What a treat to have already installed a garden this season! These native plants will thrive, and as spring comes and the soil warms, their roots will go deep.
It is exciting that this back yard gets quite a bit of sun. The plantings were composed to create privacy for the hammock, a great home for a new Oak tree, support for #birdsbeesandbutterflies and such. Though the plants are protected from rabbits now by a mesh fence, we anticipate this garden will be tough enough to co-exist and feed the bunnies after the plants establish (but that will depend a little on the hawks).
Most of the plants were installed as “plugs” – very small handfuls of dirt and roots. This gives them the chance to establish quickly in their new home. During the first year or two the plants will put most of their energy into sending out roots. Some of these plants can have root systems that go 8 to 12 feet deep! By year two and three, the plantings will start to really express their structure. The matrix areas will share, intertwine, and co-create throughout the seasons. The larger, more “wow” plants, like the Silphiums and Liatris will make great eye-catchers while other tall and full prairie plants create some privacy.
The shade matrix area includes two to three species of sedges, maybe more. Interplanted in them are Phlox, some Allegheny Spurge I wanted to try having seen it coated in pollinators at a property in St. Charles last spring, and some other plants. There are three species of Penstemon interplanted in this garden. The locations were chosen based on the anticipated sunlight. Penstemon is a reliable, “well-behaved” genus, and the plants are lovely, flowering for quite a long time. Some species are quite early, and some start later but continue flowering for many weeks.
Panicum virgatum and a couple species of Joe Pye Weed will help providing privacy. Several Lindera benzoin, Northern Spice Bush, will provide swallowtail habitat, and smell delicious! Hand pruning will keep them from getting to large. There is a nice place to put the hammock stand next to the Oak, and watch the bird bath. Once the plants grow and flower, one could spend all afternoon watching the pollinators, and in the fall, watching the birds collect seeds.
There should be an array of pollinators on the Vernonia fasciculata, Ironweed. There is plenty of Asclepias, or milkweed, also. Helenium autumnale is a rubust and gorgeous performer. This plant will likely grow large fairly quickly, but after a few years decide to move to a different location. Remember, Nature can’t be tamed or controlled, just observed, guided and nudged.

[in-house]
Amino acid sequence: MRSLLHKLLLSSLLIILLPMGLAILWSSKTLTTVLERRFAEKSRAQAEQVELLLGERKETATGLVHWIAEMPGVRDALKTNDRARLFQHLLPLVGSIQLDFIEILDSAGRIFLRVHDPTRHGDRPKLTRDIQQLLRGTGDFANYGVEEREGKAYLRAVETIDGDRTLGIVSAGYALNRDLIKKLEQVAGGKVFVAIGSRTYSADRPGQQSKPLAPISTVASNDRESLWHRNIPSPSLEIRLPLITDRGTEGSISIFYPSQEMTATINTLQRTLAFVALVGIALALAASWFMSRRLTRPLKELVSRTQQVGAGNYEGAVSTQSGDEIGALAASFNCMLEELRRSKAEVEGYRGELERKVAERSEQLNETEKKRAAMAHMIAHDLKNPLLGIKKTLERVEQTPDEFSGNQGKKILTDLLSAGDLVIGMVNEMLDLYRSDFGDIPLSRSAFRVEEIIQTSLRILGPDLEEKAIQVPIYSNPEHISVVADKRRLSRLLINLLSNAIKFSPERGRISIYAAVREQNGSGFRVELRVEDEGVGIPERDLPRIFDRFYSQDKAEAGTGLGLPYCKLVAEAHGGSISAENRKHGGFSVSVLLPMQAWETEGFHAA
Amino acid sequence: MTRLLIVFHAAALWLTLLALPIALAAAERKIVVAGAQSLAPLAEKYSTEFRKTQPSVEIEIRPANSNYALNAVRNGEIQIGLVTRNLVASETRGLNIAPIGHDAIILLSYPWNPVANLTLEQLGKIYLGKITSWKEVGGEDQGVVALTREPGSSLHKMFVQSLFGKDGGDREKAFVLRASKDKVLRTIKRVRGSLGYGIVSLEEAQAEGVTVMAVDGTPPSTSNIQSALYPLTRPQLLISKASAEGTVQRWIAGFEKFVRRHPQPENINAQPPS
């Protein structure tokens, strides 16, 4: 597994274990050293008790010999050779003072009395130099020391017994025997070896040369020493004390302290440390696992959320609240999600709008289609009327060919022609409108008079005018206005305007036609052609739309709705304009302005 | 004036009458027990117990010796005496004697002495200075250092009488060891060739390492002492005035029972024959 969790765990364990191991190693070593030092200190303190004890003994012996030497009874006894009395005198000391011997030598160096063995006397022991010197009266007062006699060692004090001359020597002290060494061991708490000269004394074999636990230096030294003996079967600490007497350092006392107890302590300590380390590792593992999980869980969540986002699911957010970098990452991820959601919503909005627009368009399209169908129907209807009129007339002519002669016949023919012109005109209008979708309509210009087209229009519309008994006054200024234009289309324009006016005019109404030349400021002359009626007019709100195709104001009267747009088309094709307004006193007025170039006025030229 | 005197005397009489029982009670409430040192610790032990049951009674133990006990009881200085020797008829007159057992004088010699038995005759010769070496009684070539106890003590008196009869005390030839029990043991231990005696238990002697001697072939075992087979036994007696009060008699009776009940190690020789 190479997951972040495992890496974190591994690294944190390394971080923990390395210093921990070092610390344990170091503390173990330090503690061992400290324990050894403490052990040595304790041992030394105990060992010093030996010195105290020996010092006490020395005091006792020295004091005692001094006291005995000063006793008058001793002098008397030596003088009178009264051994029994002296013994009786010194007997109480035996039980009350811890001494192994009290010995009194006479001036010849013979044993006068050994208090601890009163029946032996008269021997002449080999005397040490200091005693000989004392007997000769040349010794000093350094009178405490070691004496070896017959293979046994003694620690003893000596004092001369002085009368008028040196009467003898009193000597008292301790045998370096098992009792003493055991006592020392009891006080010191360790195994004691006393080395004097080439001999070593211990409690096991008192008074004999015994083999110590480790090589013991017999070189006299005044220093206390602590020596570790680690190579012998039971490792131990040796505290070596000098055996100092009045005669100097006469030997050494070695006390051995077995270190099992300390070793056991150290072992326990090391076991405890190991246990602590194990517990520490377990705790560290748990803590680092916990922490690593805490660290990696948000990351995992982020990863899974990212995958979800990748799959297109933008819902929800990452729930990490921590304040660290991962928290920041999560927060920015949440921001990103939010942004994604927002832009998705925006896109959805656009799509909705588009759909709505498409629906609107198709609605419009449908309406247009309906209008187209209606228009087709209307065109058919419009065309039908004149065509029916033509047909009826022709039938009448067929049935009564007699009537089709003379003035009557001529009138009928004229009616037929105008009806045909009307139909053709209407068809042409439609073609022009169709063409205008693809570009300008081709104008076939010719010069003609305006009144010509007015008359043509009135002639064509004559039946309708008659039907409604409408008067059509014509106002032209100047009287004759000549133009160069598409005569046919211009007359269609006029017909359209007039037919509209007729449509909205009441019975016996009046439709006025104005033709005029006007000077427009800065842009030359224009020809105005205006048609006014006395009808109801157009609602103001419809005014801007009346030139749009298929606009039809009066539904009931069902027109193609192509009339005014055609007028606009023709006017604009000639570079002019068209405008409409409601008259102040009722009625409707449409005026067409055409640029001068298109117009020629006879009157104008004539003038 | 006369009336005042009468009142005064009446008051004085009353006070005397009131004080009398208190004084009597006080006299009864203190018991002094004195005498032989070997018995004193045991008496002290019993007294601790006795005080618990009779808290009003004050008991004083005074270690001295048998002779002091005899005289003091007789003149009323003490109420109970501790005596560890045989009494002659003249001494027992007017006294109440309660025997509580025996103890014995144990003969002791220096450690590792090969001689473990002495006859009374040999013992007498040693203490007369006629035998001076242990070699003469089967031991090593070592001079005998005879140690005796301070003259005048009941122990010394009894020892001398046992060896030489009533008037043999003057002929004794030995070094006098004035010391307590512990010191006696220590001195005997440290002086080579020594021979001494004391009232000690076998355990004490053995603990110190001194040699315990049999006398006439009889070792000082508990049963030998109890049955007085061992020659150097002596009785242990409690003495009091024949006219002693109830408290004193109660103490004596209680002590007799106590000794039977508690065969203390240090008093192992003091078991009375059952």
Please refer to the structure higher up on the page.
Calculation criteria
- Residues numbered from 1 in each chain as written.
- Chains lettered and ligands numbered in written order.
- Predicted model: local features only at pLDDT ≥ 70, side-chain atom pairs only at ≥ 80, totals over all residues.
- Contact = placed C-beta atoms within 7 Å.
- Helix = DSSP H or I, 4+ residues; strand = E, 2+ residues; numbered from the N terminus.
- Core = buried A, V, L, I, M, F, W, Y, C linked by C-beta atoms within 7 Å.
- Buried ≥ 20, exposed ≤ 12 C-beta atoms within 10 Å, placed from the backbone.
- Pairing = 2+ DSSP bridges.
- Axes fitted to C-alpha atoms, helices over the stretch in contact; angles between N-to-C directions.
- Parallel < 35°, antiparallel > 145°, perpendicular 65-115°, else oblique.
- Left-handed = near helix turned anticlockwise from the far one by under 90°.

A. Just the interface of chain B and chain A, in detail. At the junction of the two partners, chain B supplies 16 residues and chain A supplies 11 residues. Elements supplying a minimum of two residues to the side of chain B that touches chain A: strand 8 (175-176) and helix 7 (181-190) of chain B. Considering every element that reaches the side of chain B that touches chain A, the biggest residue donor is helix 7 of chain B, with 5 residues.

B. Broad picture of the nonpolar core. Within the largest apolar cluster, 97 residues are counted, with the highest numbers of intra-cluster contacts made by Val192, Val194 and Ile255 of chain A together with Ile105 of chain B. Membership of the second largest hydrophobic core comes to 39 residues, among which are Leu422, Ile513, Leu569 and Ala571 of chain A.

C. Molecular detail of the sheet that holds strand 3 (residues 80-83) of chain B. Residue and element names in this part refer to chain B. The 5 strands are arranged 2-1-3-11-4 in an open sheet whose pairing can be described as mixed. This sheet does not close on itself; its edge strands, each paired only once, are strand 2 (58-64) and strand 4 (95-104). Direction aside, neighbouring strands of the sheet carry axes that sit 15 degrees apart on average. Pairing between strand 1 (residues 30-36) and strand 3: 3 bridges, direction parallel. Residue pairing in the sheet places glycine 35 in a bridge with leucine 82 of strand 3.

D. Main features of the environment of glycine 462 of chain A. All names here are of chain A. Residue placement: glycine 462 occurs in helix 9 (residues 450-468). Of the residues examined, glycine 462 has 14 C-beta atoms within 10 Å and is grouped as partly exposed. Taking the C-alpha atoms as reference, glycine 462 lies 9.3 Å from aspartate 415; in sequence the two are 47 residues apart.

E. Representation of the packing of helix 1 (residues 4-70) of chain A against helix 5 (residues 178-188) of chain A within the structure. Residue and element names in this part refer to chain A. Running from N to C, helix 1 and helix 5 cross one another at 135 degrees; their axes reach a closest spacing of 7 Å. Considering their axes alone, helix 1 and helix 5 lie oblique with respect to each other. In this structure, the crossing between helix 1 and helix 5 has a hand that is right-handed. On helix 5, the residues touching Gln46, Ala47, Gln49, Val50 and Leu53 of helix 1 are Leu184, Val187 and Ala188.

Another favorite plant to provide quick size and many flowers in this type of soils is Solidago speciosa. Here is a picture of it in Wisconsin loaded with butterflies. It is one of my very favorite plants. In the Wisconsin Sand Barrens, it is small. I have also seen it in large colonies. Here is a great picture of a single plant.
To help screen the view of the garages in the back of the lot, several plant types were intermixed to provide a naturalistic screen and a sense of depth. We wanted this to be effective reasonably quickly, but within budget. There are also overhead powerlines. Five Rhus typhina are carefully located back there, and in a few years will be quite noticeable, especially in the fall when they turn glorious red-orange. Over time, it will take some strategic pruning and guiding to keep these plants proper in size and shape for the job they are being asked to do, but this is part of the fun. I even imagine walking below their canopy or sitting on a chair in their shade in a few years, hidden from the outside world.
This is a good time to talk a little about how gardens are never stagnant or stationary. The garden is ruled by Nature, and She is always evolving. Stewardship Gardening is the term I use to describe the kind of insight, planning, and work that goes into keeping the determined (even evolving) aesthetic strong in a designed landscape, even as it evolves over time. This work also allows the ecological value of the landscape to be. This is a big discussion, and I think there might be a post here somewhere that talks about it a little….. …to be continued another time
All plants used in this landscape are indicated as being native to Illinois except the Allegheny Spurge which tends to be from farther east, and the Amelanchier, which is a cultivar, and the two Thuja cultivars. No other cultivars, and no exotic plants were used.